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Flagler Housing Forum Scheduled Amid Affordable Housing Crisis

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The Flagler County government has announced it will be hosting a forum in May regarding housing policy, particularly affordable housing. Leaders in the housing and development industries will serve as panelists during the luncheon event, which is titled ‘From Blueprint to Action: Local Strategies for Housing Policy Advancement’.

The event will be held on Friday, May 17th from 11:00 am to 2:30 pm at the Palm Coast Community Center. Admission is free, but those who intend to go are encouraged to reserve a ticket through the Eventbrite listing. Light lunch will be provided.


Event Details

The panelists for the event were given in a release by the county, and are as follows:

  • Scott Culp – Principal, Atlantic Housing Partners
  • Kody Glazer – Chief Legal & Policy Officer, Florida Housing Coalition
  • Bill Lazar – Executive Director, St. Johns Housing Partnership
  • Annamaria Long – Executive Officer, Flagler Home Builders Association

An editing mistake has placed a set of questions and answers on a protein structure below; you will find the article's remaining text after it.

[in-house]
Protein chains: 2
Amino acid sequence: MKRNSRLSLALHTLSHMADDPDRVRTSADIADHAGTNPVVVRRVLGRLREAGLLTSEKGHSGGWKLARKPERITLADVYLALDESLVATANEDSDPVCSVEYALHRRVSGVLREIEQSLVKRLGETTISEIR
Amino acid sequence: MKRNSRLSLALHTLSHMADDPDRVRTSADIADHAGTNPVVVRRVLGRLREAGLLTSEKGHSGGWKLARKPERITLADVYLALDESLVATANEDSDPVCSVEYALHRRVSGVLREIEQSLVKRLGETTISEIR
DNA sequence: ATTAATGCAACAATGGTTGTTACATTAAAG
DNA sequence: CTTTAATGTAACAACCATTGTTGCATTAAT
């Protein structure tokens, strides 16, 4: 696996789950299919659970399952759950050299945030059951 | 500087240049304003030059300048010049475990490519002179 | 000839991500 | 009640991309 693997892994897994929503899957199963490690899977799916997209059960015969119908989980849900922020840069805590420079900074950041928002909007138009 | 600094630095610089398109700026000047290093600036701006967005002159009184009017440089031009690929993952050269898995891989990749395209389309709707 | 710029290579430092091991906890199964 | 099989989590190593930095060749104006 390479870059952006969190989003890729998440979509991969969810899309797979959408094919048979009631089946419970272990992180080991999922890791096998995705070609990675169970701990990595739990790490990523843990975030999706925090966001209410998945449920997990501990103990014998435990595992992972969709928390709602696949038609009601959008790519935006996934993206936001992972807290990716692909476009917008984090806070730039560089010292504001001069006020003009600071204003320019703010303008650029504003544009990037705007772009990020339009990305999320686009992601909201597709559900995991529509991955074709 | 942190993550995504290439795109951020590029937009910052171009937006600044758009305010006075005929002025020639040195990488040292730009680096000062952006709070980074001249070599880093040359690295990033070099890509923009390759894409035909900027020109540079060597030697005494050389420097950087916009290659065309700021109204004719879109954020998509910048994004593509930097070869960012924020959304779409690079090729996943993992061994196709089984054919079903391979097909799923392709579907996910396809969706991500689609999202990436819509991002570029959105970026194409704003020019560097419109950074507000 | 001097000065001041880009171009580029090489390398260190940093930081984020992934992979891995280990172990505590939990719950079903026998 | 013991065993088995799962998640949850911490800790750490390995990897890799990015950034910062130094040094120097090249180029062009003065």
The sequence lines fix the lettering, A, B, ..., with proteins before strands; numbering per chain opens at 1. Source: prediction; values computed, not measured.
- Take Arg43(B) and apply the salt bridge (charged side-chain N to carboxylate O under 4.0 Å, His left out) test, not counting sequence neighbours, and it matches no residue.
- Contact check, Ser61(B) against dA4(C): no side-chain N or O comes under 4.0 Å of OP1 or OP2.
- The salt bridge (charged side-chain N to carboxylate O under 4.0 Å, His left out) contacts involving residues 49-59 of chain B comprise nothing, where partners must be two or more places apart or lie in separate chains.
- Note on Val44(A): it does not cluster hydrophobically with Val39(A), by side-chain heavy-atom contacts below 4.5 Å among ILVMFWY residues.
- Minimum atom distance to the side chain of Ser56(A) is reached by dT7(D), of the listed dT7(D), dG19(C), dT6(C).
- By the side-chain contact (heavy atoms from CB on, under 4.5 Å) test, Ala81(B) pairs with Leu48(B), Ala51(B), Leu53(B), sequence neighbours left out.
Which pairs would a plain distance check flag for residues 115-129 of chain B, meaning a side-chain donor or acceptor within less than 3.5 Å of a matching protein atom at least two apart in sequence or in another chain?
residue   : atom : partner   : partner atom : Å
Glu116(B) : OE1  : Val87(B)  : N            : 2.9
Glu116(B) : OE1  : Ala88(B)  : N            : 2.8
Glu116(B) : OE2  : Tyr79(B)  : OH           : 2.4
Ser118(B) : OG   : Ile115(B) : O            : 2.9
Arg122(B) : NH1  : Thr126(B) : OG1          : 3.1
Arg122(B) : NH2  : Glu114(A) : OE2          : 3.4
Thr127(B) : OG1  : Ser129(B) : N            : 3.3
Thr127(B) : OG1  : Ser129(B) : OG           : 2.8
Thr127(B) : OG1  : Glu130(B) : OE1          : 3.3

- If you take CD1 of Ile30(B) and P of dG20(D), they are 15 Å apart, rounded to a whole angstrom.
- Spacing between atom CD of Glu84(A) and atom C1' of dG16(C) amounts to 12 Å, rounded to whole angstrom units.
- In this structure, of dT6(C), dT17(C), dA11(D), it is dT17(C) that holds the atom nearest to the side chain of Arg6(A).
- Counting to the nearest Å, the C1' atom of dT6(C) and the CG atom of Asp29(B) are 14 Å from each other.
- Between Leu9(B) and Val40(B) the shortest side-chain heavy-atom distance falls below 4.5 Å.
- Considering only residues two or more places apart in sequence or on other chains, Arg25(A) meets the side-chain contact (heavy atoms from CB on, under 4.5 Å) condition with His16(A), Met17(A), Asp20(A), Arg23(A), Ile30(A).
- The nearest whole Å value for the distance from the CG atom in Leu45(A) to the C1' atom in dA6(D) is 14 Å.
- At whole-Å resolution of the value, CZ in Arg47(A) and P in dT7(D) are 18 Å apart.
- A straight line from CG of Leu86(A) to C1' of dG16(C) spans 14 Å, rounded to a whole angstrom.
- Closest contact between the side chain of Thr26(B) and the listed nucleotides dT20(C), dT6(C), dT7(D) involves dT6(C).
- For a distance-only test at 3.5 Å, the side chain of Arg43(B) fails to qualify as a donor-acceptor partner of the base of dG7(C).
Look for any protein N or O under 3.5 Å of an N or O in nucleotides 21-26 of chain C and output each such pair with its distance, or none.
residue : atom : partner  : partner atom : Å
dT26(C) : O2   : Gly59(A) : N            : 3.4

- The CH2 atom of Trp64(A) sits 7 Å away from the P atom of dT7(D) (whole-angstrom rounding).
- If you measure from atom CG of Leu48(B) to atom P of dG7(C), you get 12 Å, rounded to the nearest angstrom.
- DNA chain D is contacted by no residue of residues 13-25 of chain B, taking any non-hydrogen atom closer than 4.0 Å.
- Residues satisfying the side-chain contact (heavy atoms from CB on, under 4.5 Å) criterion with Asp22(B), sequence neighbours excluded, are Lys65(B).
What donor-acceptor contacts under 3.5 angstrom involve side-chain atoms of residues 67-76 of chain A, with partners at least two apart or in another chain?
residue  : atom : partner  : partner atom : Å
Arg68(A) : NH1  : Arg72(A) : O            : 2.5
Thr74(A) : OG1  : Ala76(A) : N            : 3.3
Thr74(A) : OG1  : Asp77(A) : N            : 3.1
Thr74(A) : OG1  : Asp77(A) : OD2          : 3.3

• Maven Rogers – Chief Sustainability & Resiliency Officer, City of Palm Coast

The five panelists represent the for-profit sector (Culp), non-profit sector (Lazar), public sector (Rogers), and business leagues (Long, Glazer). They cover multiple facets of the housing industry, from development and construction to planning and accessibility. The forum will be moderated by Valerie Clymer, the Vice Chair of the Joint City of Palm Coast and Flagler County Affordable Housing Advisory Committee.

“We know this is early notice, but we want to provide ample notice for people to get this on their calendars,” said Flagler County Housing Program Manager Devrie Paradowski. “There will be a presentation by Florida Housing Coalition on local policy tools with updates on the Live Local Act: ‘With Live Local Act, should local governments do anything more to facilitate affordable housing development?’ among other topics.”

Skyrocketing Home Prices

The topic of affordable housing is one which has severe implications for the future health of Flagler County’s economy, especially as the City of Palm Coast blazes forward with an aggressive expansion plan which could put the county at over half a million residents in the coming decades. The median sale price for all home types in Florida was $241,000 as of January 2019. Since then, it’s skyrocketed to $404,000 as of January 2024.

According to the National Association of Realtors, Generation X buys homes with a higher median price than any other current generation, while the generations buying the cheapest homes tend to be younger millennials and baby boomers. Though the average cost of a home nowadays still far exceeds even the highest generational median buying prices, it threatens a crucial element of sustainable expansion for Palm Coast: the addition of more young families.